It is crucial to understand the mechanisms of the immune regulation during parasite invasion by investigating the interaction between parasite molecules and host cells. In this regard, the host PBMCs are considered as effectors during immune regulation, as they are mixtures of subpopulations, including lymphocytes (T cells, B cells, and natural killer (NK) cells), monocytes and DCs [78]. Moreover, the effects of recombinant H. contortus galectin peptides from both male and female (rHco-gal-m/f) on the apoptosis of goat PBMCs were investigated [79]. Furthermore, a joint study of proteomic and transcription analysis demonstrated that rHco-gal-m/f could bind on the surface of goat PBMCs, which promotes the suppressive inflammatory response to facilitate the immune evasion of H. contortus [80]. In the recent investigation, the interaction of transmembrane protein 147 (TMEM147) with galectins mediated cell proliferation, cell apoptosis, and cytokine transcription in goat PBMCs [81]. Similarly, it was noted that TMEM147 together with transmembrane protein 63A (TMEM63A) was also involved in the regulation of galectin on phagocytosis and nitric oxide production by goat PBMCs [82]. For better understanding the diverse range of biological activities of galectins from parasitic nematodes, TMEM63A was declared as a binding receptor for N-terminal CRD (MNh) and TMEM147 for C-terminal CRD (MCh), which enable Hco-gal-m to bind on the surface of goat PBMCs more efficiently [83].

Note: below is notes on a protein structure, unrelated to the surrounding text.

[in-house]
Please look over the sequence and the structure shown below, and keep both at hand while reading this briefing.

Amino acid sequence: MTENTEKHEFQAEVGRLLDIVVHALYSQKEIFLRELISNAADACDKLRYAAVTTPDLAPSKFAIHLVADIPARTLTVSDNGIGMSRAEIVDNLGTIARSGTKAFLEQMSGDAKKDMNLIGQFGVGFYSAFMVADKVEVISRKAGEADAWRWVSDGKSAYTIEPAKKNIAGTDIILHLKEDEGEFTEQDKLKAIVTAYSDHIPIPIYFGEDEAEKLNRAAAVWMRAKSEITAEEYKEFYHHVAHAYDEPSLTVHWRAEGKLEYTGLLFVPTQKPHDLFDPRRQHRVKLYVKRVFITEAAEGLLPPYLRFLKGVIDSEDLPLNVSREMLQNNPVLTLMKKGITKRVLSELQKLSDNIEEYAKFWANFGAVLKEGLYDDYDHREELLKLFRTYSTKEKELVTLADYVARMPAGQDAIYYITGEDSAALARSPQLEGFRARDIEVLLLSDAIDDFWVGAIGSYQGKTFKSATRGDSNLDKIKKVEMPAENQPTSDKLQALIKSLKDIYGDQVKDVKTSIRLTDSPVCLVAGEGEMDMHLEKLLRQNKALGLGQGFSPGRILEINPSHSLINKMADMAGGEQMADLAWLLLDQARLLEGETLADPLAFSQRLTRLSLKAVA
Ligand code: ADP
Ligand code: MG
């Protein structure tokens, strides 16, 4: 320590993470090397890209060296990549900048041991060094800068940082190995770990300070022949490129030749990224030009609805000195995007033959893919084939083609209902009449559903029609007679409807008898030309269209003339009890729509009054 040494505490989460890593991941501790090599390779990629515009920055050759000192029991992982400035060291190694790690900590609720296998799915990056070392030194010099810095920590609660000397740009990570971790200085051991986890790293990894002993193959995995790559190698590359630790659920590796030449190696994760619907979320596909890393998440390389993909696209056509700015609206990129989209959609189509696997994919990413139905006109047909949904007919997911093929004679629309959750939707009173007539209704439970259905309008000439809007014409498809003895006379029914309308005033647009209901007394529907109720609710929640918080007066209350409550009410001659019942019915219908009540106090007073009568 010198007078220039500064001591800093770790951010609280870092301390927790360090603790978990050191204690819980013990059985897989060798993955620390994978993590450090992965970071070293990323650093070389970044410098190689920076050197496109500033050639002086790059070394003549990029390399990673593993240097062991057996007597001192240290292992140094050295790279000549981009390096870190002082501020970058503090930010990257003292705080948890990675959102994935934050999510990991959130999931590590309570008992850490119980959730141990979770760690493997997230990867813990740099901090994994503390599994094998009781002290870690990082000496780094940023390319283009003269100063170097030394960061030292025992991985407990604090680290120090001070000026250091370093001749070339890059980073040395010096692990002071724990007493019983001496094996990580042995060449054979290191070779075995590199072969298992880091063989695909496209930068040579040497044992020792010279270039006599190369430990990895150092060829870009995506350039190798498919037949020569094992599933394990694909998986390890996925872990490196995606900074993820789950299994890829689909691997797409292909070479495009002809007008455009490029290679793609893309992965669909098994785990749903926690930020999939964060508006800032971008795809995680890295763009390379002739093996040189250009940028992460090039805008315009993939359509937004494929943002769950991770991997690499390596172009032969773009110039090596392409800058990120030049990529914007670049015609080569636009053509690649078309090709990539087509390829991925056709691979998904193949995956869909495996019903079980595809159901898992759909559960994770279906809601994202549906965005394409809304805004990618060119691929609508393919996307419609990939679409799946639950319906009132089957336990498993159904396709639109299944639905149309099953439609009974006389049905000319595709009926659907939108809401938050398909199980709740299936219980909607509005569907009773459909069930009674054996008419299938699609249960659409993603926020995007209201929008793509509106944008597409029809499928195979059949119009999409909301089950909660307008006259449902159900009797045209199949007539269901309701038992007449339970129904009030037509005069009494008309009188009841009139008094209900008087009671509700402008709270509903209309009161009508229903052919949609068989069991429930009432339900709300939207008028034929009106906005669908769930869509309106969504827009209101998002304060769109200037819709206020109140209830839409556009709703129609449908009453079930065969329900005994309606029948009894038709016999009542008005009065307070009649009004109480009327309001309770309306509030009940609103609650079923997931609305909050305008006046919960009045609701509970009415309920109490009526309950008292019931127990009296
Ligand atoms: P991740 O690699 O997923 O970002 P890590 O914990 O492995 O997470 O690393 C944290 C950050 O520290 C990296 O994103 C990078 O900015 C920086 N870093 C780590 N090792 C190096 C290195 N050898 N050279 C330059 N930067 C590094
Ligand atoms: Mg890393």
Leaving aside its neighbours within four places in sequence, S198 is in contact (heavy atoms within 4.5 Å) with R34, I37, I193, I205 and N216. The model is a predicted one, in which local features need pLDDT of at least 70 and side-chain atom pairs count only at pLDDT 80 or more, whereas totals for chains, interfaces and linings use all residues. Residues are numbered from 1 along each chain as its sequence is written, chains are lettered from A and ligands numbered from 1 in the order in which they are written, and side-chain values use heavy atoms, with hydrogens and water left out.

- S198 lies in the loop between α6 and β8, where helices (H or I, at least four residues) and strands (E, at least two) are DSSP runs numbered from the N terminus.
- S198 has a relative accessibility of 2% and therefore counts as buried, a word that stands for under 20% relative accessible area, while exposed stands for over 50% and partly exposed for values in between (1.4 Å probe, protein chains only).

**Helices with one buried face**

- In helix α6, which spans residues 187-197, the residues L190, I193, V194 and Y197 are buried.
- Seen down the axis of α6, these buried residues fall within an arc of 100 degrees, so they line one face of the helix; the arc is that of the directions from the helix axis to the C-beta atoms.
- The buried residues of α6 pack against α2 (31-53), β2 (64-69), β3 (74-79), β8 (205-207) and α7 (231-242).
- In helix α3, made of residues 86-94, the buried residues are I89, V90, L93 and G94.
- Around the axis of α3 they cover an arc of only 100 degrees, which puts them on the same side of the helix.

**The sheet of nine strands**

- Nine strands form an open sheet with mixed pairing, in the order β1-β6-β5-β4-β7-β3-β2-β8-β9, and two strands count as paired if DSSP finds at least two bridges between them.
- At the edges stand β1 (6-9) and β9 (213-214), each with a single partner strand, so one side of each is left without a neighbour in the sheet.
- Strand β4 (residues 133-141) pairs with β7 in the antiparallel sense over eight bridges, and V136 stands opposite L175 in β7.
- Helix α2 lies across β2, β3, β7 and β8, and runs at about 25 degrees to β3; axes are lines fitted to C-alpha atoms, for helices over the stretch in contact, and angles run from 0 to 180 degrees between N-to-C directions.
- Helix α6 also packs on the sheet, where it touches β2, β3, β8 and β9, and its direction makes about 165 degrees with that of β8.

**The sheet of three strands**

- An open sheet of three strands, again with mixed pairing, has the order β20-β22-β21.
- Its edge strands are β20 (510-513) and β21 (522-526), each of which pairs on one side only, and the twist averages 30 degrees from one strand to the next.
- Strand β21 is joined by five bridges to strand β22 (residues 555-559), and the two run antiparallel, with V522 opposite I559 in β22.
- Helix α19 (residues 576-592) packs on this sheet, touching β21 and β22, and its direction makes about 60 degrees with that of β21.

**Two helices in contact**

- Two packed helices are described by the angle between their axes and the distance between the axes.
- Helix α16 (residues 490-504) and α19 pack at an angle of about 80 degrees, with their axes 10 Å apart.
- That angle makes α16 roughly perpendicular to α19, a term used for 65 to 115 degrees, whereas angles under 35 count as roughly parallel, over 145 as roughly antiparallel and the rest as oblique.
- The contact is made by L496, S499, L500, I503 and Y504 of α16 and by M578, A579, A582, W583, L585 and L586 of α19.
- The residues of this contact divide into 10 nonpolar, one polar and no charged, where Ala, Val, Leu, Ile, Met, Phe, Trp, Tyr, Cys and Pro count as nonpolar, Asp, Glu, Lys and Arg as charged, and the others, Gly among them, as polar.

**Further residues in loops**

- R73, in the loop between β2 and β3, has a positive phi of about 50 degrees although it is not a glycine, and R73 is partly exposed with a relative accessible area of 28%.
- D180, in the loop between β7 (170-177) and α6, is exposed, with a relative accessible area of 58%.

In this review, we have also summarized the immunoregulatory dynamics of different HcESPs after binding to host immune cells (Table 1). Research showed that the combined effects of HcESPs displayed suppressive potential on the goat PBMCs in vitro by inhibiting the IL-4 and interferon gamma (IFN-γ) productions, increased the suppressive cytokine IL-10, enhanced the inflammatory modulator IL-17, suppressed the production of chemical factor nitric oxide, decreased the cell proliferation, and activated the cell migration [84]. Meanwhile, the interaction of H. contortus ES proteins secreted at different developmental stages of parasites was also reported in vivo using liquid chromatography-tandem mass spectrometry [53]. This study identified the secreted H. contortus 14-3-3 isoform 2 protein as an interacting protein to goat PBMCs in all parasitic stages, and in later investigation, it was found that an immunoregulatory recombinant protein of H. contortus (rHcftt-2) decreased the production of IL-4 and suppressed the proliferation of goat PBMCs in vitro [85]. In addition, two low molecular weight ES proteins from H. contortus (rHcES-24 and rHcES-15) were also evaluated for their immune regulatory potential, and it was found that immune interactions of both HcES-24 and HcES-15 with goat PBMCs significantly altered the host cells’ immune responses [86,87]. The binding of recombinant H. contortus arginine kinase (rHc-AK) to host cells decreased the cell proliferation and increased the apoptosis of host immune cells at considerable manners [88]. The serine/threonine–protein phosphatases (STPs), as integral constituents of parasitic ES proteins, were involved in the upregulation of various interleukins associated with protective immune responses, and the number of immune functions was altered, too [89]. Another antigen from HcESPs (rMiro-1) had stimulatory activities on goat PBMCs by promoting cell proliferation, along with the augmentation of IL-2, IL-4, and IL-17 cytokines [90]. A previous research highlighted that an interacting protein of HcESPs (rHcARF1) modulated PBMCs functions by the upregulation of IL-4, IL-10, and IL-17 cytokines in vitro [91]. It was indicated that elongation factor 1 alpha (rHcEF-1α) played essential roles in the functional regulations of HcESPs on goat PBMCs by modulating IL-4, IL-17, IFN-γ, and TGF-β1 cytokine levels, in addition to some suppressive activities on host immune cells [92]. Apart from the discrete functional potency of different constituents of HcESPs on goat PBMCs, a recent research on tropomyocin protein showed the suppressive potential of rHc-TpMy on goat PBMCs by suppressing various immune functions of host PBMCs [93]. Recently, we have explored a novel immune modulator from HcESPs, which improved the IFN-γ, IL-4, and IL-2 cytokines production of host immune cells [94]. In addition to that, ES proteins were found to have distinct immunomodulatory and suppressive regulatory properties during host–parasite interactions, which suggested that the discoveries of these novel antigens might be helpful in anti-parasitic vaccine development in the near future.